"By that period, most academic and government analysts had accepted the fundamental permanence of the two great continental blocs. Most accepted it was inevitable; many said that it was in reality a good thing that the power of the United States be offset by another similar-size power. Still others preferred the social model of the rival bloc, with its emphasis on practical, tangible benefits as opposed to "negative rights" consisting primarily of things the government should not be able to do to the individual.
"Looking back, what was remarkable was the way the warning signs had gone ignored. It is easy now to quote the voices who pointed out the structural problems, the looming demographic and fiscal crises, and the fundamental unworkability of the social model the bloc was dedicated to preserving in the face of the accelerating technological and social dynamism of the American social model. Even after the Afghan conflict vividly demonstrated the growing military gap between the two blocs, most observers continued to complacently predict the permanence of the division between the blocs, and even anticipate a gradual conversion of the two models.
"It was only after Margaret Thatcher boldly declared that the emperor had no clothes that people began to take a cold, hard look at the reality of the situation. Although her statement was widely ridiculed by the chattering classes at the time it was made, her call, in retrospect a mere statement of the obvious, was in fact the first visible milestone on the road to the crisis of the Union."
Of course, some will say it is outrageous to compare the two Unions. The Soviet Union never had a free election in its entire existence, whereas even the most recently democratic of the European Union's members have had free elections for several decades now. The Soviet Union crushed the initiative of its citizens; the European Union has a lively private sector. Civil rights were nonexistent in the Soviet Union, while the European Union's member-states are all firmly under the rule of law. The member republics of the Soviet Union, even when they held U.N. seats, had only a theoretical right to secede, while European union member-states have a clearly stated right to withdraw.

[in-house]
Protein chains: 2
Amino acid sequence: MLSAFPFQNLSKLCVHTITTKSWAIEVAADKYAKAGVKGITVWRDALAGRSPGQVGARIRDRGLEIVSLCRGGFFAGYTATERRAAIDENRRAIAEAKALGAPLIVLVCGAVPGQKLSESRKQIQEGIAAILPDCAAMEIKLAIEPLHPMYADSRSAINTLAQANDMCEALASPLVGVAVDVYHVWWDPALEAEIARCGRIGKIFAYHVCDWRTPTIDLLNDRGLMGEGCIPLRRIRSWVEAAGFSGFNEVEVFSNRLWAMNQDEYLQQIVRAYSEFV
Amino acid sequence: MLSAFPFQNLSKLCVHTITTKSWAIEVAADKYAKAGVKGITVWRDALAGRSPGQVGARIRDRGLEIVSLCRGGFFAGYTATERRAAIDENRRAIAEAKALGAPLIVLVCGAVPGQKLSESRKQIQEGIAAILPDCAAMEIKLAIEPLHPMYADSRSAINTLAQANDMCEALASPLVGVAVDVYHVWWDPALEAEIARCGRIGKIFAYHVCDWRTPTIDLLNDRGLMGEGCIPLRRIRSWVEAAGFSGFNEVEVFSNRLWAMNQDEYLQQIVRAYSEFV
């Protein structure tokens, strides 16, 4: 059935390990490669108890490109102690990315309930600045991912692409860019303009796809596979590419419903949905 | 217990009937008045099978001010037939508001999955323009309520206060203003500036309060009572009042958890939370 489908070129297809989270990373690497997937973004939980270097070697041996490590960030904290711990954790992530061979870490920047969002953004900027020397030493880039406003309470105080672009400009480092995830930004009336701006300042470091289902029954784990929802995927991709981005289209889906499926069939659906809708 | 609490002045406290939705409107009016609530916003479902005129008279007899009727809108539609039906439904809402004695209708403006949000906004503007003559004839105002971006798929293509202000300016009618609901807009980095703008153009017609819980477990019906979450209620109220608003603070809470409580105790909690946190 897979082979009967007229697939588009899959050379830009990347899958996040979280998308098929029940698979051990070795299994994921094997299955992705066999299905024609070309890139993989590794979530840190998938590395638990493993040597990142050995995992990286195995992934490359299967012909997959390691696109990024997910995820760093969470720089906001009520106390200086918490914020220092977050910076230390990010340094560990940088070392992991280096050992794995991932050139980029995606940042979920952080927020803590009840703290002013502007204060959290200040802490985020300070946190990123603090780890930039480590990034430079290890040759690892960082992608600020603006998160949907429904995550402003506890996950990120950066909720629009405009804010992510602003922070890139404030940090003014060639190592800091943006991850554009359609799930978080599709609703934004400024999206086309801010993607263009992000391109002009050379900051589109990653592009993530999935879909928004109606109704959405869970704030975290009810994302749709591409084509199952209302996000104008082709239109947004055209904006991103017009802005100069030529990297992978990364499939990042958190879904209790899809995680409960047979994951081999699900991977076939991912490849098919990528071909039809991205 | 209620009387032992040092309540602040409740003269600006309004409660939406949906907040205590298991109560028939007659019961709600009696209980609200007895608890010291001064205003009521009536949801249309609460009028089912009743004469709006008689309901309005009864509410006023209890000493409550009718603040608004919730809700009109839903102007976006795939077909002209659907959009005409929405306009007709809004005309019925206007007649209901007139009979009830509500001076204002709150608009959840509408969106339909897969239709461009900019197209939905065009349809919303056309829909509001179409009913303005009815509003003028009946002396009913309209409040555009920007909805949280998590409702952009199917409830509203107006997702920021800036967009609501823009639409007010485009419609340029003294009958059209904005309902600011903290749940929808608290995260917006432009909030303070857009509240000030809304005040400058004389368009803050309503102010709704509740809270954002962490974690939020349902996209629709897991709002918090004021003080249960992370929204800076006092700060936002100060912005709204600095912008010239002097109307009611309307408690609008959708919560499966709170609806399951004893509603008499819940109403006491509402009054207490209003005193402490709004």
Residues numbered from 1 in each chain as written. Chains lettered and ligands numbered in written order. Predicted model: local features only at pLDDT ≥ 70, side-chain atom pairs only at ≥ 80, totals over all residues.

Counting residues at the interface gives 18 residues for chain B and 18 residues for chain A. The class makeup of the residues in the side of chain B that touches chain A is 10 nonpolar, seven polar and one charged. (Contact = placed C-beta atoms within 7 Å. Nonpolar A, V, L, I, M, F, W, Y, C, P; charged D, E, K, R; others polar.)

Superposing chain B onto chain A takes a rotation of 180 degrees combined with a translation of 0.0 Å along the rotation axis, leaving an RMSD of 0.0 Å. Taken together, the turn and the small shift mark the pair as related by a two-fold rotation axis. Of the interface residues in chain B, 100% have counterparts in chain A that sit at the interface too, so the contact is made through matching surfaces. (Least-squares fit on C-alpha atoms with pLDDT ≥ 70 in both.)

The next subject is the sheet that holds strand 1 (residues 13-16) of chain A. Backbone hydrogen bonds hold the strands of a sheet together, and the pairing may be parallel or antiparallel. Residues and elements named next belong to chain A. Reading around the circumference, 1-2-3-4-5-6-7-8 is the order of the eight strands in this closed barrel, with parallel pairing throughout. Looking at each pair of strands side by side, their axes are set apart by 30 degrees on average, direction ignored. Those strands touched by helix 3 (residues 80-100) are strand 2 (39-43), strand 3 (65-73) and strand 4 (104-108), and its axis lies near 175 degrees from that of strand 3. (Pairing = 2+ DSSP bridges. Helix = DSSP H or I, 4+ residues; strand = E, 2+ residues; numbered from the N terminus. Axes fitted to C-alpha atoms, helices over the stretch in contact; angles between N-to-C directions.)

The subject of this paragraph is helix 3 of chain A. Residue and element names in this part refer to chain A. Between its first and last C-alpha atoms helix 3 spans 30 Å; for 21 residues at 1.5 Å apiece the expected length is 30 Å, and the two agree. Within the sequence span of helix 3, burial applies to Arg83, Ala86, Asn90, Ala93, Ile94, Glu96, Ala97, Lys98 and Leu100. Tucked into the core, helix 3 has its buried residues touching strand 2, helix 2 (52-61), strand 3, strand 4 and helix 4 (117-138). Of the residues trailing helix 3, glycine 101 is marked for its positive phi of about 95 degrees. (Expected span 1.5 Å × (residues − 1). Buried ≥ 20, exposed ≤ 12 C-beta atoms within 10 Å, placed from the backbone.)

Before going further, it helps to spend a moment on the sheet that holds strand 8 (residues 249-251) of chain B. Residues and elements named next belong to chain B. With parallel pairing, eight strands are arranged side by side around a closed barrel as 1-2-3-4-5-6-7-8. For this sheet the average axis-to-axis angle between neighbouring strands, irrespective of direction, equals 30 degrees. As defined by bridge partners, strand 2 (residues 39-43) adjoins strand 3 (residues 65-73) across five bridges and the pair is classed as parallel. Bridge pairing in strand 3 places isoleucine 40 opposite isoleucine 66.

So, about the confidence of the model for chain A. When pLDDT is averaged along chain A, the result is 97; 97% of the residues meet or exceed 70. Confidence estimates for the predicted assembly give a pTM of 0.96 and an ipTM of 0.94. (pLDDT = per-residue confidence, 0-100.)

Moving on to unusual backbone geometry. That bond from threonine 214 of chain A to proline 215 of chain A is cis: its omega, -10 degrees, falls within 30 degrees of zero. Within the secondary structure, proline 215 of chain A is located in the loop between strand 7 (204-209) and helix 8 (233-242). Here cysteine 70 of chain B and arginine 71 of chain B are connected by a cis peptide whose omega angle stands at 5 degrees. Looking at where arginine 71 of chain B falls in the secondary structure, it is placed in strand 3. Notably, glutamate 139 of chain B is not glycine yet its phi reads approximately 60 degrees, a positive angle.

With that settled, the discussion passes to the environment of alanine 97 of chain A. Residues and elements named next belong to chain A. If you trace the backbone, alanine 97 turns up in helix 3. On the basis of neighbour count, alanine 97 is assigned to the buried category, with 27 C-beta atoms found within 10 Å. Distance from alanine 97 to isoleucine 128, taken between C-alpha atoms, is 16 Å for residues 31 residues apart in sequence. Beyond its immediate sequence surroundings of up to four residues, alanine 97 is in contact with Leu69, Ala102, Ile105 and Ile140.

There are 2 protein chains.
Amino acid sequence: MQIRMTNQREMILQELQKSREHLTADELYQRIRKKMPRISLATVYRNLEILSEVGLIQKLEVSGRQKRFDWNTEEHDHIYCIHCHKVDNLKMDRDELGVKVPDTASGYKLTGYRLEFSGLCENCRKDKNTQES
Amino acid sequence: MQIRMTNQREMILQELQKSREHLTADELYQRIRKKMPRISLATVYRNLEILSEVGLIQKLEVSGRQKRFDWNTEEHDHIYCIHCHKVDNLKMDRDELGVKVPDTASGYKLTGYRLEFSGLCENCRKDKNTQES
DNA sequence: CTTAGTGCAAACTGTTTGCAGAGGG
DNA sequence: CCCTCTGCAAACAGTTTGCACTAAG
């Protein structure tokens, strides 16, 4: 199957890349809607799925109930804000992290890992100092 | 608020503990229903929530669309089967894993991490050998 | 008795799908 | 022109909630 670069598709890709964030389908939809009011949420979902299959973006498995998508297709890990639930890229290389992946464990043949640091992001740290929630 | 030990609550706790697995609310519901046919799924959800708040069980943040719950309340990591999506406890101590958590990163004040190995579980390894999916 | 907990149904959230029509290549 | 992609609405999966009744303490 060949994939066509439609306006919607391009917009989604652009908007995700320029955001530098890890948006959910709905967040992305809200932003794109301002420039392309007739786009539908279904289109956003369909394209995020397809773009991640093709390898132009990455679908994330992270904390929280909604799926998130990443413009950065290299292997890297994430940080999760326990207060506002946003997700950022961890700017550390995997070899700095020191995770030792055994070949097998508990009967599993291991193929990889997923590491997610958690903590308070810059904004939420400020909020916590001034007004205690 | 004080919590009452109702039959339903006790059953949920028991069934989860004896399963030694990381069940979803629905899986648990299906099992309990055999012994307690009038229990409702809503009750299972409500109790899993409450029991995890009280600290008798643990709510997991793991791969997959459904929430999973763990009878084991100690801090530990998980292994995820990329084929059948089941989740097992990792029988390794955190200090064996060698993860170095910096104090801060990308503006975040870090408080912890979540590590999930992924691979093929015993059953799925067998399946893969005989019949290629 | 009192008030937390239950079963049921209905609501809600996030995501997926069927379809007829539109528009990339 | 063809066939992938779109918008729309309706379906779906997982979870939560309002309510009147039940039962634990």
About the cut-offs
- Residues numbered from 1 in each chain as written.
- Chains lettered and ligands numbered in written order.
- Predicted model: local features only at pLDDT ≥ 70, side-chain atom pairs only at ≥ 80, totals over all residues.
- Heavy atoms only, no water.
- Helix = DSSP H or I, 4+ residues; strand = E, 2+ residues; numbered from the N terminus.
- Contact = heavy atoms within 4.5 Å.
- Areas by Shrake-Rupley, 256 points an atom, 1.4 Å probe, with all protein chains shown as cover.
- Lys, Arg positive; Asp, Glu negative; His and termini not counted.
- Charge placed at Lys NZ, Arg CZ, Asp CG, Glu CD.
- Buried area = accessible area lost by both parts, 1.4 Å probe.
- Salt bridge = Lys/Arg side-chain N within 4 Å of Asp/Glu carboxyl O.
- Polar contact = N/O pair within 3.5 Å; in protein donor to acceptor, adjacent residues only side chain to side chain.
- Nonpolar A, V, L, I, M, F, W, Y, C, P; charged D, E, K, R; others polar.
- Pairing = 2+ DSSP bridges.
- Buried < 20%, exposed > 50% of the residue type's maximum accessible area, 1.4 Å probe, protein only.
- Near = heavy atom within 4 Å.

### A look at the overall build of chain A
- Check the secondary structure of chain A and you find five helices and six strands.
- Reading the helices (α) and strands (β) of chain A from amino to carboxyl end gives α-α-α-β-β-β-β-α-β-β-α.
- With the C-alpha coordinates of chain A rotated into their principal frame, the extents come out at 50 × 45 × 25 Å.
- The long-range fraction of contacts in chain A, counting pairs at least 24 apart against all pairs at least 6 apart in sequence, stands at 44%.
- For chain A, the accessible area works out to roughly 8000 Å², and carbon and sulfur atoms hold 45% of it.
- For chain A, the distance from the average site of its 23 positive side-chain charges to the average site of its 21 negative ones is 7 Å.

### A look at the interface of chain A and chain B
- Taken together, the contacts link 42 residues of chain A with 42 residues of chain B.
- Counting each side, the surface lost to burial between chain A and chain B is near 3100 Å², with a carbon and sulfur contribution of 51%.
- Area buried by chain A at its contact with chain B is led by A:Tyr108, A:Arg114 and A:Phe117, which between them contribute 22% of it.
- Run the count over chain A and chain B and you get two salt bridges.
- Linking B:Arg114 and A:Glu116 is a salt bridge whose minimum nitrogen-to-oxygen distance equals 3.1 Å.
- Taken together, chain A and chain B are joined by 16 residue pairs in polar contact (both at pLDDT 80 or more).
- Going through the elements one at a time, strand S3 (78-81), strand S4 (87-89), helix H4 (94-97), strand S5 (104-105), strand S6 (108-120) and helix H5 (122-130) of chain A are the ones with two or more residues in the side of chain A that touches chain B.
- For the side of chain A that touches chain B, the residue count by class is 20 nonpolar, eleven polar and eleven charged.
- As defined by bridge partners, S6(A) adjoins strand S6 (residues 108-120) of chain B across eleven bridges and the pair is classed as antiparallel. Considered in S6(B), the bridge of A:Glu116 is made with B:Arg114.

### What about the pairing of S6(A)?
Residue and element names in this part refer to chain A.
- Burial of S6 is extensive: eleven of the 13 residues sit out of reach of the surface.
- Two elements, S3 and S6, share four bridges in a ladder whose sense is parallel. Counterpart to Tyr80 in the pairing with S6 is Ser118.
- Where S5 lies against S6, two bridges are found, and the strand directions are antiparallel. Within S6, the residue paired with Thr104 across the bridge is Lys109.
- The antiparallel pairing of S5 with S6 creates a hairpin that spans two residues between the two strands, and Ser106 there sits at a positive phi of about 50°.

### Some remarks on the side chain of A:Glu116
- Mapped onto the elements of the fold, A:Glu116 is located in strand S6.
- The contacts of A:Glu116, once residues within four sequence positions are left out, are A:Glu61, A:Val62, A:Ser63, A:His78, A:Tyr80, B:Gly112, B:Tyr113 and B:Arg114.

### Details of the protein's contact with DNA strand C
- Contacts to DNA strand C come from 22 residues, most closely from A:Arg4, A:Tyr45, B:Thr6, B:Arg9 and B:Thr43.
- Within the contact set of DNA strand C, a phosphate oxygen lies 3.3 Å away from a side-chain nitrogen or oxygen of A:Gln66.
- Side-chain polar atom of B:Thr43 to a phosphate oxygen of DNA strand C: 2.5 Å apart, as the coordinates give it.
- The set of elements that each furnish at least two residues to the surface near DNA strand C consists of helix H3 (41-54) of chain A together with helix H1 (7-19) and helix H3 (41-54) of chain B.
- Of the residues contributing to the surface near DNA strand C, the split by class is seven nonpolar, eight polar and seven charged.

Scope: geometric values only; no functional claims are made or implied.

Well, actually, I'm exaggerating about the last. The Soviet constitution contained the right of secession, whereas the European treaties are silent on the matter.
Yet still the comparison bears thinking about, if only to point out that received opinion isn't very good at foreseeing disruptions in the status quo, and that warning signs that are obvious in retrospect can be ignored by those who would not see.
So, when the lady with the handbag drops the other shoe, it's worth paying attention. In this case, it is Lady Thatcher, who followed last year's draconian warning against Britain joining the European Monetary Union with a measured warning in her new book, Statecraft. In it she called for Britain to begin a measured disengagement from the more problematic European institutions, and, if it could not do so, to begin preparations to withdraw entirely.
For the first time, a figure as prominent as a former prime minister, and one of the most stunningly successful in British history, has offered definitive criteria for when and under what circumstances the United Kingdom should withdraw from the European Union.
The criticisms have been fast and furious, of course. But it's worth noting that the most vociferous have come from people like Chris Patten, who have also been the most vocal critics of the American-led war against the radical Islamists. In my mind, this only goes to further validate Thatcher's thesis.
Now that the question is laid on the table, British Europhiles must answer at least in some perfunctory manner the question of "why is Britain in the European Union?" This is new. For the past 25 years, a "you must be barking mad" reaction has greeted any suggestion that British participation in the EU is an issue that must be examined from time to time on the basis of a national cost-benefit analysis. This won't do anymore. Now the argument must shift to an actual tallying-up of pros versus cons.
Furthermore, her position raises to Europhiles: "Are there any circumstances under which you would admit that the United Kingdom would have to leave the EU? Any whatsoever? Tax harmonization? Pension harmonization? Renaming Waterloo Station?"
But the most interesting thing about the Thatcher proposal was that it was not an all-out "Britain doesn't belong in the EU" position. Her program of partial disengagement and withdrawal from the agricultural and common defense and security policies, combined with multiple trade links, is actually a worthwhile destination in and of itself, and one I would not bet that the Continentals wouldn't accept before the dust settled.
In fact, a multiple-speed, variable-geometry Europe is the best of all possible solutions. By making another model of European cooperation accessible to other European states, it creates a competitive alternative to further European bureaucratic centralization, an alternative the benefits of which other EU members might shortly start asking why they, too, should not enjoy.
Lady Thatcher has outsmarted most of her opponents throughout most of her life. It's clear she has decided this is the last major thing she wants. I wouldn't bet she won't get it. She and Reagan saw together what most thought impossible, that the Soviet Union's day was done and just needed some firm resistance.
Maybe she's on to something with regard to this Union as well.
To reach James Bennett, send an e-mail to firstname.lastname@example.org.
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